The Portland YMCA has been housing asylum seekers since Dec. 9. The arrival of 188 individuals in the last month has once again overwhelmed the city’s shelter capabilities, meaning city staff is looking elsewhere to temporarily house these individuals. Derek Davis / Portland Press Herald Buy this Photo

PORTLAND — The city has makeshift arrangements for overnight accommodations for the 188 asylum seekers who have arrived in the city in the past month, but has no where for them to go during the day, the City Council was told Monday night.

The 52 African families who have arrived since Nov. 18 via bus tickets paid for by Catholic Charities have to carry their belongings to and from the overnight sites and and seek food and shelter elsewhere during the day.

City staff is scrambling to find housing and other services for them.

Portland Health and Human Services Director Kristen Dow said because the family shelter on Chestnut Street is maxed out, the families have been spending the night at the city’s General Assistance Office, the Salvation Army and the YMCA.

“We really don’t have space for these families to go during the day, at least not this large a number of families,” Dow told councilors during a Dec. 16 workshop on the topic.

Even if a daytime site is found in Portland, Dow said the city does not have the capacity to staff it because the focus of the staff is to find permanent housing for the new arrivals.

Adding to that challenge, Dow said, people are showing up ill-prepared for the weather and need winter gear.

“These families are arriving not prepared for winter. We have families arriving at the bus station in flip flops and shorts in the middle of the night,” Dow said.

The families also expected to find accommodations like 450 earlier asylum seekers found this summer, when the city set up an emergency shelter at the Portland Expo, she said.  Not only did the summer arrivals from Angola and the Democratic Republic of the Congo stay at the Expo, they received meals, medical attention and language services there. Using the Expo, home to the Maine Red Claws, a G-League basketball team, is not an option now because the team is in the midst of its season.

Portland Public Schools has been impacted by the latest influx of asylum seekers as well. Thirty-three children from among the 52 newest families have registered with Portland Public Schools, Dow said.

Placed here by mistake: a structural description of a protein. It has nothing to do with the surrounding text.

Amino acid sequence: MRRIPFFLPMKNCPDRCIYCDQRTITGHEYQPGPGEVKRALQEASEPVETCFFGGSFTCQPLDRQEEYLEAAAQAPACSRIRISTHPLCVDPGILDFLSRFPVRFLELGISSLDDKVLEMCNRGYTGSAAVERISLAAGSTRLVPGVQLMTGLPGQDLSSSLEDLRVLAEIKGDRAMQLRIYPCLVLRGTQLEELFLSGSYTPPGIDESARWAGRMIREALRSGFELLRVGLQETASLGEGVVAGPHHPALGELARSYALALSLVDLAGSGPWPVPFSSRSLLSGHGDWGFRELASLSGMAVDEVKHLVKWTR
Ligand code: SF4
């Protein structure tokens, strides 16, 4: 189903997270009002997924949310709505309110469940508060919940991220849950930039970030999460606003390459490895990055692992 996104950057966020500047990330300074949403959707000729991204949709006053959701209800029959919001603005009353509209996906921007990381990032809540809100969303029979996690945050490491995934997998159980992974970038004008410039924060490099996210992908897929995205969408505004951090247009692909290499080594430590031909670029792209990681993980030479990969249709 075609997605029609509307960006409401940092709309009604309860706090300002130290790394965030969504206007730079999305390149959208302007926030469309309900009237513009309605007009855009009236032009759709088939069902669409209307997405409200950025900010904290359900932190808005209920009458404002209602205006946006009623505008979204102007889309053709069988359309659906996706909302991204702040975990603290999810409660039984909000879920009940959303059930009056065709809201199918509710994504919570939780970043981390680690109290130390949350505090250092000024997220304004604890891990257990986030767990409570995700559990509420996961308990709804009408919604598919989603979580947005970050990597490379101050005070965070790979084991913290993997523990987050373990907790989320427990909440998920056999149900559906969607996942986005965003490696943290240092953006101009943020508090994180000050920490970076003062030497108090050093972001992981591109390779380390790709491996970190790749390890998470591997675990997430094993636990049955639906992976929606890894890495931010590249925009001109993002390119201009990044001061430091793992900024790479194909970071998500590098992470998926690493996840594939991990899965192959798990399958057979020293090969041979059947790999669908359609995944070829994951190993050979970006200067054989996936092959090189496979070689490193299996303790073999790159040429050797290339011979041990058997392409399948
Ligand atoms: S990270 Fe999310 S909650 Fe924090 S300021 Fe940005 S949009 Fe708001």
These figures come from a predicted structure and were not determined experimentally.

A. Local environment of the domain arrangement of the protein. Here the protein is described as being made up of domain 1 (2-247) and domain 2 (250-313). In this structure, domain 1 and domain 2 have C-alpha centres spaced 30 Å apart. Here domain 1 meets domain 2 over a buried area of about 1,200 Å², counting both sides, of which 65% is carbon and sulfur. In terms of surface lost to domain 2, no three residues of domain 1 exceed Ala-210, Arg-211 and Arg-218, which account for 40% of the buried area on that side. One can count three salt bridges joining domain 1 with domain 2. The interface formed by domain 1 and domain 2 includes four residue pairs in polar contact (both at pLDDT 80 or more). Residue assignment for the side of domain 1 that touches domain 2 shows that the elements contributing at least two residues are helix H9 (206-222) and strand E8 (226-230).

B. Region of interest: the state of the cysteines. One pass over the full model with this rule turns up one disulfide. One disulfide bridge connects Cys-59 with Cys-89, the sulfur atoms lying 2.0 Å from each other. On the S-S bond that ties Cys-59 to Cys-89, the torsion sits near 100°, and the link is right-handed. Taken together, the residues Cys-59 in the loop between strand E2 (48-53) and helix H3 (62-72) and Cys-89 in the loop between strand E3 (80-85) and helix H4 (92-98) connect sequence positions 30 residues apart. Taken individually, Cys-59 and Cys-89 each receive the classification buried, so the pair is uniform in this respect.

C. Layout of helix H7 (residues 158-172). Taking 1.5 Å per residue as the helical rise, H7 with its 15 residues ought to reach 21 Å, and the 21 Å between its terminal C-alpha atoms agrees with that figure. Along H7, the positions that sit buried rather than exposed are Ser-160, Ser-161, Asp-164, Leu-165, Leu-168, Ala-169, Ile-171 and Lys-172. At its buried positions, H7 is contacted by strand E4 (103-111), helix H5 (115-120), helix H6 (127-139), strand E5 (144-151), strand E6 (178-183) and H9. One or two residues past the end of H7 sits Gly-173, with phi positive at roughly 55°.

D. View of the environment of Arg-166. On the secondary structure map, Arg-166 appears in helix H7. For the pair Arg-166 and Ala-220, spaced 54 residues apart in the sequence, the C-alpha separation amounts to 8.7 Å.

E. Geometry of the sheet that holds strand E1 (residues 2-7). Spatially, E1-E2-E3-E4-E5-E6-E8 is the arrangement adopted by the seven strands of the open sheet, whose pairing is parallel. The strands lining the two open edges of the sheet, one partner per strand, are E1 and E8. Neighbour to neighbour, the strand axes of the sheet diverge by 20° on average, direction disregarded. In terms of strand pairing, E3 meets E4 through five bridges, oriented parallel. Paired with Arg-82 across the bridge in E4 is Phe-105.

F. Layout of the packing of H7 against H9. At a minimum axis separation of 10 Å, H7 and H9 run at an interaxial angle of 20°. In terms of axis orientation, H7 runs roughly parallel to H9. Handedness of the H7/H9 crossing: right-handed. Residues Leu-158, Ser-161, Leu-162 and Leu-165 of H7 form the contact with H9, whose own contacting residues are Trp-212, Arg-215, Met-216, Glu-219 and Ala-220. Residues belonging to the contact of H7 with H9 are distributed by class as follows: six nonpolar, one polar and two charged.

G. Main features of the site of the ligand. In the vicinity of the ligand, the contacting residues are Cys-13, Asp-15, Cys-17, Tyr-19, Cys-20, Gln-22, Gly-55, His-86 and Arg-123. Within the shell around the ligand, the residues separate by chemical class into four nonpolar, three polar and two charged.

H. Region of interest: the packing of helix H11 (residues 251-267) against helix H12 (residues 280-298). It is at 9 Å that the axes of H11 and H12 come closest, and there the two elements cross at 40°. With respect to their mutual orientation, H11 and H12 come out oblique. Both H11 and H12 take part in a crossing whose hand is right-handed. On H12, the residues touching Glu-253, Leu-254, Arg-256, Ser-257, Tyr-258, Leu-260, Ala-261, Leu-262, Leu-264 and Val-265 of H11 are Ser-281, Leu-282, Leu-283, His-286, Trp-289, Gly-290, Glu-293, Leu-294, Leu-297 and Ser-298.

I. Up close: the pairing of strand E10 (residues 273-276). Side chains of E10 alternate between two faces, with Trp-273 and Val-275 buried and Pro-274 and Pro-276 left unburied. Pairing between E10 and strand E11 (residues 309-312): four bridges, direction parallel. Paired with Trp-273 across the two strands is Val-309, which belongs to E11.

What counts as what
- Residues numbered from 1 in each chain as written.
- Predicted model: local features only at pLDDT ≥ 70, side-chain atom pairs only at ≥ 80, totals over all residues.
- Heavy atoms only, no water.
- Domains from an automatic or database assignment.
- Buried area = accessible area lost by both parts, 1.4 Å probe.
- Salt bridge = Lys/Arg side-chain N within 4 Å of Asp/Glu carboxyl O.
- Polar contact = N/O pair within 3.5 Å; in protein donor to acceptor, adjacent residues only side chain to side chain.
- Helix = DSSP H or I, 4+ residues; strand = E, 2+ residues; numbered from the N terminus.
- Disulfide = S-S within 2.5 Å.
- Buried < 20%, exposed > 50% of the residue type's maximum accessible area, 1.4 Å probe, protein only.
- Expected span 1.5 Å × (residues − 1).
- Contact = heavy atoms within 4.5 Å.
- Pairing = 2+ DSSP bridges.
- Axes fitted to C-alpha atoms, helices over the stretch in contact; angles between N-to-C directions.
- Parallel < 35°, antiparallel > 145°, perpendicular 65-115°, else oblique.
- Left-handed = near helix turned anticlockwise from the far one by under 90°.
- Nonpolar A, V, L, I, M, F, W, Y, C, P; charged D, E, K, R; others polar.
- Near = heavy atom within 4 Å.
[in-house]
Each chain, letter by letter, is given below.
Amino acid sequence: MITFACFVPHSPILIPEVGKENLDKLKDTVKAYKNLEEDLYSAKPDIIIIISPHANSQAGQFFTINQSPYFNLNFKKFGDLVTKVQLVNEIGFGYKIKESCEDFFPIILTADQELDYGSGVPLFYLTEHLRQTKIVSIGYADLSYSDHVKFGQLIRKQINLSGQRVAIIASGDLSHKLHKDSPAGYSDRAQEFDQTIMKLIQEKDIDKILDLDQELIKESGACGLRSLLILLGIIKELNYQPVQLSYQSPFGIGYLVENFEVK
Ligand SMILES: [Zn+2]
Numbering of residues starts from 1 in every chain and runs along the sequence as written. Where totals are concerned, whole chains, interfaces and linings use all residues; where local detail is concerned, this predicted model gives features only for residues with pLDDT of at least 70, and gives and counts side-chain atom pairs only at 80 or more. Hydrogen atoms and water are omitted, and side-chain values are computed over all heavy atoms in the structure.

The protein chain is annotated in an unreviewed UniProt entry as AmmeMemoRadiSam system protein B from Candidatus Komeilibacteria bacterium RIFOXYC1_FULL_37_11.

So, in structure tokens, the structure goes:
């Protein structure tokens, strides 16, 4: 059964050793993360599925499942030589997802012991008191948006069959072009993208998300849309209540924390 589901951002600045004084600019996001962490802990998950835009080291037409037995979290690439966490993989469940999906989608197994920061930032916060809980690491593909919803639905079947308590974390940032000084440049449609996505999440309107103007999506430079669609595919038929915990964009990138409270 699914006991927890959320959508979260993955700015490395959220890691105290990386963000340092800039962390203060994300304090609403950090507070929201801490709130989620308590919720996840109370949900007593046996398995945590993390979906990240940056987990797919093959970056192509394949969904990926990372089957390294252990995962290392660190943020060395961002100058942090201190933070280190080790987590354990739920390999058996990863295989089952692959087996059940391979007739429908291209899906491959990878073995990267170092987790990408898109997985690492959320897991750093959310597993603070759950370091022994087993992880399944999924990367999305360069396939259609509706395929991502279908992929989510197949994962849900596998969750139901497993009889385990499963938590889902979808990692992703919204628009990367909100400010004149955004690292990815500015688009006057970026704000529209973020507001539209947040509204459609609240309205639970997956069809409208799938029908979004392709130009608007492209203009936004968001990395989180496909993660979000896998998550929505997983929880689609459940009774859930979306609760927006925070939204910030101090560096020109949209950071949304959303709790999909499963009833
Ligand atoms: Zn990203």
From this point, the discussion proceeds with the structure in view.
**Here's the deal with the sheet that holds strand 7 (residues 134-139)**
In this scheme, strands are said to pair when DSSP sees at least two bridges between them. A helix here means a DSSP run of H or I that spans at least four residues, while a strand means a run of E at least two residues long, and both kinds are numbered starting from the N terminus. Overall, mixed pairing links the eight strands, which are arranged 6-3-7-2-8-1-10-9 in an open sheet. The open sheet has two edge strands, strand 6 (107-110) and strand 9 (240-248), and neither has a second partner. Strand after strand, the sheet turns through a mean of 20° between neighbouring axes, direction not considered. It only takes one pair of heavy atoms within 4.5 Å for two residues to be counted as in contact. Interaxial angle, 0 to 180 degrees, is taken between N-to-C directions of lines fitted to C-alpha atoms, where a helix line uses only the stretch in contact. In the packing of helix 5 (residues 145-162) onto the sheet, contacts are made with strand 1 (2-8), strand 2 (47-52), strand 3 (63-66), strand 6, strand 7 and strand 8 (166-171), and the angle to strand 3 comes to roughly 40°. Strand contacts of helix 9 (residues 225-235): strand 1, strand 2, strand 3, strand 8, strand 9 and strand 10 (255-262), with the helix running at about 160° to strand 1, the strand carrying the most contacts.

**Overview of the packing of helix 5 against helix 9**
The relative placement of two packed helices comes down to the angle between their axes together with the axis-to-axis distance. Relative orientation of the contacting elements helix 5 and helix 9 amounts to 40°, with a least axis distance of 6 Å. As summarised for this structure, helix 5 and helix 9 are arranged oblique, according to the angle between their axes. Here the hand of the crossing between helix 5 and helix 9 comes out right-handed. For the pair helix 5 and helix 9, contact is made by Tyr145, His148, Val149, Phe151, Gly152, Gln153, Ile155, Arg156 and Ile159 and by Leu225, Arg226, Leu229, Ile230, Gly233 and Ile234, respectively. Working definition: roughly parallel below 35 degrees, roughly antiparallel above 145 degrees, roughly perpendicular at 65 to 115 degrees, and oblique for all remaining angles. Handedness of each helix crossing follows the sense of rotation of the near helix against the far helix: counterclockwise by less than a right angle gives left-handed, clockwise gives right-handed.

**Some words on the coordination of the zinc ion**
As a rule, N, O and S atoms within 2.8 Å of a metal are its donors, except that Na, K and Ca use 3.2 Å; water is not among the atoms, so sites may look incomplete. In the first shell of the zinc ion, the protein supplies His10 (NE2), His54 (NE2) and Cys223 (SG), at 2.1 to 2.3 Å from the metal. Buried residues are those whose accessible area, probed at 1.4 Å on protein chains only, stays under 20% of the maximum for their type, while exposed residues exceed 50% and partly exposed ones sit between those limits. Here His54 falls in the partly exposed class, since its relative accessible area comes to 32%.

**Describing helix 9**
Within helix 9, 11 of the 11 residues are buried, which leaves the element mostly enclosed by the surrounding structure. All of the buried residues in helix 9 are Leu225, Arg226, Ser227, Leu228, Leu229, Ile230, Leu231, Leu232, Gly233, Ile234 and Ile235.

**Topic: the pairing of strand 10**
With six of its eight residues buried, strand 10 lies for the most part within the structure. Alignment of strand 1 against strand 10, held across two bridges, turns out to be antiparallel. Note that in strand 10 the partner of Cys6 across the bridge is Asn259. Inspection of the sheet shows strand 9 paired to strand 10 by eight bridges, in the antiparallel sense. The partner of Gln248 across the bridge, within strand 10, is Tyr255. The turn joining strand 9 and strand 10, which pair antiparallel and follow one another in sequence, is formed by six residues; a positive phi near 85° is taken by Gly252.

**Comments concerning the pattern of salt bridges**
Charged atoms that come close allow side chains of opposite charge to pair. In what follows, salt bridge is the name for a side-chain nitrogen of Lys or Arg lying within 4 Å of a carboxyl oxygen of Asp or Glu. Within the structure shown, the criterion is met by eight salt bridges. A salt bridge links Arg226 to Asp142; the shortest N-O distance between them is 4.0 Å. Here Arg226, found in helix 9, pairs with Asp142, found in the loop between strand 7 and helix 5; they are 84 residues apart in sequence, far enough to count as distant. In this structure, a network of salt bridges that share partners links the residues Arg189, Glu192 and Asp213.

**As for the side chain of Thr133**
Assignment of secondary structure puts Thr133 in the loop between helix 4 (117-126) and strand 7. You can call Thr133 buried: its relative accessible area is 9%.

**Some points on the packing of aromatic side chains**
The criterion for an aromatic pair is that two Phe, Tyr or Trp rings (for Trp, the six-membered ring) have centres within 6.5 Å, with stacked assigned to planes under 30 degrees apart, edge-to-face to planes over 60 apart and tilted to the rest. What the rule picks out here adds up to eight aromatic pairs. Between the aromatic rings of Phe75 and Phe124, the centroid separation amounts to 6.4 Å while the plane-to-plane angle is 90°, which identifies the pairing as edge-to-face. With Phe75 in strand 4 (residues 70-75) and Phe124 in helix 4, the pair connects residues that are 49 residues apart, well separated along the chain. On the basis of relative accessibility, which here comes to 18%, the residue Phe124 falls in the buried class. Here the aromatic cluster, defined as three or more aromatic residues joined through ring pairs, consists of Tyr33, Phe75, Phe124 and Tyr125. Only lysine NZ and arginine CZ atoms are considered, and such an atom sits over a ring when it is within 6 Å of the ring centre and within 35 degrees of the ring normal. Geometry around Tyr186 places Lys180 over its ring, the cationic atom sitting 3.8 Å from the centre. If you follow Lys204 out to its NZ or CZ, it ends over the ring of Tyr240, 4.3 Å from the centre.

Jeff Tardiff, the director of the family shelter on Chestnut Street, said the school district has federal money to transport homeless students to and from Portland schools even if they live in another community up to an hour away.

City Manager Jon Jennings has asked Gov. Janet Mills to spearhead a state or regional approach to accommodate the asylum seekers. Councilor Belinda Ray, a member of the Greater Portland Council of Government’s Metro Regional Coalition, said the coalition recognizes a regional approach is needed, but has not been able to figure out what that approach would look like.

The University of Southern Maine may step up to help, at least in the short-term. District 3 Councilor Tae Chong said USM President Glenn Cummings has offered the Sullivan Gym in Portland as housing from Dec. 23 to Jan. 19, along with some meals and English classes, at no cost to the city.

Jennings said details of that arrangement have to be ironed out. USM offered to house asylum-seekers over the summer at dormitories in Gorham, but that plan never came to fruition.

Ray said most sites that serve as emergency facilities in other communities are at schools and not available at least until the school year ends.

Jennings and Dow said it is difficult to anticipate how many more asylum seekers could be coming to the city and when. The United States Conference of Bishops has told Catholic Charities in Texas, where the asylum seekers are coming into the country, to no longer send individuals to Maine and instead send them to warmer climates, Jennings said.

“What we have been told is folks seeking asylum would be diverted to other locations more appropriate at this time of year,” he said.

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